It is close to two weeks since the Layer’r Shot ads—aired on June 4— received massive nation-wide backlash for promoting ‘rape culture’. The ad was eventually pulled off the air and the brand offered what many thought was a sorry excuse for an apology. But, the discussion does not end here. Digital marketing agency Kinnect’s senior creative director Abbas Mirza took to LinkedIn—on June 16—to share how his actor friend Saurabh Verma had declined the offer when he was approached by a casting agent to audition for the ads.
In a long post, Mirza details how Verma had proposed a change in the script as he went through its content. And when his request was denied, he ‘politely’ refused but not before pointing out the actual problem over a WhatsApp chat. “And for the people who work in advertising, and are aware of the production-house or actor power equation, they will understand how audacious the demand is,” says Mirza.
As the WhatsApp screenshot along with Verma's photograph has been made public by Mirza, Verma’s reply to the agent reads, “No hard feelings but the script is derogatory and demeaning for women. I have not seen anything like this before for advs. So will skip this one.”
Mirza adds, “If only others involved with the project had the spine to do the same, the two ads (there were three in all, but the third was never aired) would not have seen the light of the day or darkness of the night!”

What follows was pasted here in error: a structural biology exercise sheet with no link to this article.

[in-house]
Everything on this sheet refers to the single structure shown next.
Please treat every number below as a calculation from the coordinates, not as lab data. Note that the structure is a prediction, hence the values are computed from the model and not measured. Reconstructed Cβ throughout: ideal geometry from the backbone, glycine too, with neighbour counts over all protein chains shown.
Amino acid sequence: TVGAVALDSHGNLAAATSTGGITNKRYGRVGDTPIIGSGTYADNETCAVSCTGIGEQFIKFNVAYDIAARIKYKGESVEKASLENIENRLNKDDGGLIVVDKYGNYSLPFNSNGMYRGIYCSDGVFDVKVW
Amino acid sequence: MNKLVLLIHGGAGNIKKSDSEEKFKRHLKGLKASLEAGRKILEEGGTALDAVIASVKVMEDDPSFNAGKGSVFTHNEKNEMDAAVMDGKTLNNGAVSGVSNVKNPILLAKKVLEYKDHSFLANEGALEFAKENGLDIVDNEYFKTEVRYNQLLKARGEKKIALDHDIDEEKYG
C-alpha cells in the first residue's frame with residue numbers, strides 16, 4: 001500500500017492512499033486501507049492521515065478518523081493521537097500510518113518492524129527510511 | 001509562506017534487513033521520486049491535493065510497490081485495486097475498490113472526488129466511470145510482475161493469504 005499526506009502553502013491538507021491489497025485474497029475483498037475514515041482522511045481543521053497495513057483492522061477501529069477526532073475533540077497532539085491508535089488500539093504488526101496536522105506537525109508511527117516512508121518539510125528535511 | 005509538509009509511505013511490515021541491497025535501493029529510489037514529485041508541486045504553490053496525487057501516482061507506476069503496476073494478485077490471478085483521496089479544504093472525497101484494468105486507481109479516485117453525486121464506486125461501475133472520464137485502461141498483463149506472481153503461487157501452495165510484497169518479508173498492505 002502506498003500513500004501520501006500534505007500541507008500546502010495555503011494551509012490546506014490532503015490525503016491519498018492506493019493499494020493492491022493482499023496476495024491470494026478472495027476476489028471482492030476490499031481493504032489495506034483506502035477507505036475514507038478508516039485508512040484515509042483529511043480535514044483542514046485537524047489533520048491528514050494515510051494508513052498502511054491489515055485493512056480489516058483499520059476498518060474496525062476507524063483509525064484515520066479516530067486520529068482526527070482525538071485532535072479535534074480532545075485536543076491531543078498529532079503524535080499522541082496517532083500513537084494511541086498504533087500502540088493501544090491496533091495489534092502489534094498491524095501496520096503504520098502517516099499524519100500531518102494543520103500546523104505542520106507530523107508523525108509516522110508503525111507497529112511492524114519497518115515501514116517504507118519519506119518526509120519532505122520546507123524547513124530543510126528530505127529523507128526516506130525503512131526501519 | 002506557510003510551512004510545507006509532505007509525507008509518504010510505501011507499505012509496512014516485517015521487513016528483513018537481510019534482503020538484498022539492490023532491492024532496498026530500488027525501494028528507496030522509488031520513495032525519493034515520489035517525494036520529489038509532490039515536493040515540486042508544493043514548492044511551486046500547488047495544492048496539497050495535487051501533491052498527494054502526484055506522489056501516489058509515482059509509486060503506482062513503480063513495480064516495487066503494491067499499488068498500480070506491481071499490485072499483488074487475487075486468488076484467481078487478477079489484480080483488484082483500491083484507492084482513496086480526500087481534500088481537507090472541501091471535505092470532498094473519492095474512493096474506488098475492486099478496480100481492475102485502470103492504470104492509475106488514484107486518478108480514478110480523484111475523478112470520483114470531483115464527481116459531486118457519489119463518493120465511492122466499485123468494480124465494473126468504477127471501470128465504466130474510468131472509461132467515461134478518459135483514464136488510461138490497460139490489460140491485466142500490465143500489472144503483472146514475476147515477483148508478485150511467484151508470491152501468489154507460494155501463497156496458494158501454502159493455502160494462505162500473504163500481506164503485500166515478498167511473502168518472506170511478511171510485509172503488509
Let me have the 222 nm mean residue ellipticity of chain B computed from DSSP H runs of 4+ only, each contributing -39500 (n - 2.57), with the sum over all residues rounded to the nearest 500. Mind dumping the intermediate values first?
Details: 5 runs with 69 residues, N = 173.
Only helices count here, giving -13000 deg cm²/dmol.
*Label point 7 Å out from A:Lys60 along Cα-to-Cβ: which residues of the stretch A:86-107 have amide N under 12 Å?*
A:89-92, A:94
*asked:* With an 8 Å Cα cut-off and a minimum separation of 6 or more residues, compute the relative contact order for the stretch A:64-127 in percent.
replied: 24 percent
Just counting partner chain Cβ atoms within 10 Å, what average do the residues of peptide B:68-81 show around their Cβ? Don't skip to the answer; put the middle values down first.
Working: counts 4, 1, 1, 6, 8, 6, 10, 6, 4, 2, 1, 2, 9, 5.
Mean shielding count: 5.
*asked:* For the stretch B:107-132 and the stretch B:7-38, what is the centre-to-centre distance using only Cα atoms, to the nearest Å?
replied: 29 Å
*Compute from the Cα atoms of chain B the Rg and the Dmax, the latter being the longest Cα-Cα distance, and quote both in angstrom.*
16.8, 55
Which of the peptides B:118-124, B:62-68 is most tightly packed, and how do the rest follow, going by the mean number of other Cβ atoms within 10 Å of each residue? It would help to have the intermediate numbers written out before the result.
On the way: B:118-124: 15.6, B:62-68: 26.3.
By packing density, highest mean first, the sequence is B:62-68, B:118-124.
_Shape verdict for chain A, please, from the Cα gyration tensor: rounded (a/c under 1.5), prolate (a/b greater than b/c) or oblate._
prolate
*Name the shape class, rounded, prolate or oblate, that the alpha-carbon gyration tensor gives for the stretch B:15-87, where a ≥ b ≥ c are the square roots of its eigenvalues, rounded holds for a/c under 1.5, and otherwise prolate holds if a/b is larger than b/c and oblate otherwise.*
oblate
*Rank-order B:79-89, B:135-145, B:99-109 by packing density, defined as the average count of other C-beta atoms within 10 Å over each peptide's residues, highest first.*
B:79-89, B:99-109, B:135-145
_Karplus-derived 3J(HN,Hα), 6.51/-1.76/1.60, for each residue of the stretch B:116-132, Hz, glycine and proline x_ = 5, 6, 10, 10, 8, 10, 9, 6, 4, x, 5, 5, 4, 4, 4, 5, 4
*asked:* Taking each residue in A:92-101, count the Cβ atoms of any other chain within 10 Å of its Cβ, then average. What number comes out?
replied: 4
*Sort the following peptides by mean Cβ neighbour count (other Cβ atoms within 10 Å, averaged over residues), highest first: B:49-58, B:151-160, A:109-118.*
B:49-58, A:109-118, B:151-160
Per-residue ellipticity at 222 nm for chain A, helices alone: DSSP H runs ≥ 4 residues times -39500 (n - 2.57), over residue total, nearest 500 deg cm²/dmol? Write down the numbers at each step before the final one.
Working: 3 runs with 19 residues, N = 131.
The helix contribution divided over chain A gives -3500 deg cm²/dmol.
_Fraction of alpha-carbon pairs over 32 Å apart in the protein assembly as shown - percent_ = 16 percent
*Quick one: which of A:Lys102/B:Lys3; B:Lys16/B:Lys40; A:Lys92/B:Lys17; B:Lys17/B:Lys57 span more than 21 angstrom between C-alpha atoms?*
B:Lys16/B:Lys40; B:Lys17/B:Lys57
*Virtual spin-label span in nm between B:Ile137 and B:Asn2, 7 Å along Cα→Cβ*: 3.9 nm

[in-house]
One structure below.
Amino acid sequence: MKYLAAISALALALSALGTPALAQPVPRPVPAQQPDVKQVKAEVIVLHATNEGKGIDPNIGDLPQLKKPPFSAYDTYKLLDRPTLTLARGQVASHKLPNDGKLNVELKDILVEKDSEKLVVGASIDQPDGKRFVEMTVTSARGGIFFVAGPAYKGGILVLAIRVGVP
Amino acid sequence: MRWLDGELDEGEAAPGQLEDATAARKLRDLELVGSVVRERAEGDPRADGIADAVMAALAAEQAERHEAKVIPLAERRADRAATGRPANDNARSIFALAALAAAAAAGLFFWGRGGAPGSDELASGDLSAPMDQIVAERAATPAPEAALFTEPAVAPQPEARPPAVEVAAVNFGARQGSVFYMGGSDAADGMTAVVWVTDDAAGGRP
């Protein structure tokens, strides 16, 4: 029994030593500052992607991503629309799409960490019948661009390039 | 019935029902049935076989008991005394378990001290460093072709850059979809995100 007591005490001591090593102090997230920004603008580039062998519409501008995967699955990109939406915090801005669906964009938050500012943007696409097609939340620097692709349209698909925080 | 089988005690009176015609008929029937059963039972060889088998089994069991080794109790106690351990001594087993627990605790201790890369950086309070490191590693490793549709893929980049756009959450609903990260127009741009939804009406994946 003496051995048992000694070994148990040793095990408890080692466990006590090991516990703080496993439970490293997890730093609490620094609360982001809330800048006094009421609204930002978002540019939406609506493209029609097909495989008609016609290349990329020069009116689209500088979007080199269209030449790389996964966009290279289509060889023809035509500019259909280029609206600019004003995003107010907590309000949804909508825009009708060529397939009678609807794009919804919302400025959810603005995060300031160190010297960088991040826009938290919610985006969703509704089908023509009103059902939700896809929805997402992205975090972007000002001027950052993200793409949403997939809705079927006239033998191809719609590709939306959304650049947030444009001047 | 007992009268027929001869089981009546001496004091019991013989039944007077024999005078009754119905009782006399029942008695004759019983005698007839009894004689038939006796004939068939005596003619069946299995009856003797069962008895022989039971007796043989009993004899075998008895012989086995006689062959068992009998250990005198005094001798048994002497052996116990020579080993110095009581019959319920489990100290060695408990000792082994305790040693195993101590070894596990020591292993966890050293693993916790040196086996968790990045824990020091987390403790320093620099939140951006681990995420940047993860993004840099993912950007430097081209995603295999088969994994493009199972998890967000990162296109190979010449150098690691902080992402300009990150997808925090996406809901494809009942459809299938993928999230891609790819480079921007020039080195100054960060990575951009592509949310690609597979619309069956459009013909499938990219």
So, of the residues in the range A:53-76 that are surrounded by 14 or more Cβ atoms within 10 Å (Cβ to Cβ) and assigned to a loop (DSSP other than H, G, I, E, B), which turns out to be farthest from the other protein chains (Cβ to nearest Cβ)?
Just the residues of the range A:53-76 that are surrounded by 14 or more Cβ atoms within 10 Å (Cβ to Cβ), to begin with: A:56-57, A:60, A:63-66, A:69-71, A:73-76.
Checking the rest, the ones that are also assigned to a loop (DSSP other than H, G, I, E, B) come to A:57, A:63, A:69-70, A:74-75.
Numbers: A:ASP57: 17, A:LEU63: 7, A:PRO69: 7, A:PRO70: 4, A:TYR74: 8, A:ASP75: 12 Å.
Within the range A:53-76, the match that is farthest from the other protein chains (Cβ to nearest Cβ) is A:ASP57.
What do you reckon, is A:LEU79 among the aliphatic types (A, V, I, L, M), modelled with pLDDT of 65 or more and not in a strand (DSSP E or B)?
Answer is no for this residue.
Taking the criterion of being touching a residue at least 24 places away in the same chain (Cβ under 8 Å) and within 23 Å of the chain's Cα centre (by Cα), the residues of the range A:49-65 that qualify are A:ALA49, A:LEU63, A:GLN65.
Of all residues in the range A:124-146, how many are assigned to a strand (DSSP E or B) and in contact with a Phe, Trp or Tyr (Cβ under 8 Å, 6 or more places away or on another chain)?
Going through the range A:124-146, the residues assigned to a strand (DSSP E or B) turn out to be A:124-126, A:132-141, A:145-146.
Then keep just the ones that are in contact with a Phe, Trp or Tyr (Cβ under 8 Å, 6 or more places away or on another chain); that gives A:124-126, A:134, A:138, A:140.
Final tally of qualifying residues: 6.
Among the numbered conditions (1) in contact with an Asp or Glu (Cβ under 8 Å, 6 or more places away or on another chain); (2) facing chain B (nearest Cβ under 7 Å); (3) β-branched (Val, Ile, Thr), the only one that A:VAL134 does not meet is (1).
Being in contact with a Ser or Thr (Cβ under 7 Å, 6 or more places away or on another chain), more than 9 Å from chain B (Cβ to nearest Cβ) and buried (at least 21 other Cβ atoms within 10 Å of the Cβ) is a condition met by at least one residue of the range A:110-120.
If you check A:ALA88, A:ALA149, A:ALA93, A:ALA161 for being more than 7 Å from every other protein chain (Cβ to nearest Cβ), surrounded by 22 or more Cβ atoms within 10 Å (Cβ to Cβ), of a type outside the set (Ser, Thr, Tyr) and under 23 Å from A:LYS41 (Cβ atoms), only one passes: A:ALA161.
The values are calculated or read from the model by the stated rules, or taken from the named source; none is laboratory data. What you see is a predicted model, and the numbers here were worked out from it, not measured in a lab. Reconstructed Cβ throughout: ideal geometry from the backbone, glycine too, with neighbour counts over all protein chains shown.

The ad was airing on television when a Twitter user pointed out the obvious issues with the ad. Another user tagged Advertising Standards Council of India (ASCI), to take action. ASCI were prompt to respond that it breached ASCI codes, was against public interest, and called for its suspension.
Within a few days after the backlash, ASCI launched a set of guidelines on harmful gender stereotypes which was put together after looking into more than 600 ads. Out of the list, one such guideline highlights, “Advertisements should not indulge in the sexual objectification of characters of any gender or depict people in a sexualized and objectified way for the purposes of titillating viewers. This would include the use of language or visual treatments in contexts wholly irrelevant to the product.”
Further, one of the guidelines also stresses that “no gender should be encouraged to exert domination or authority over the others by means of overt or implied threats, actual force or through the use of demeaning language or tone.”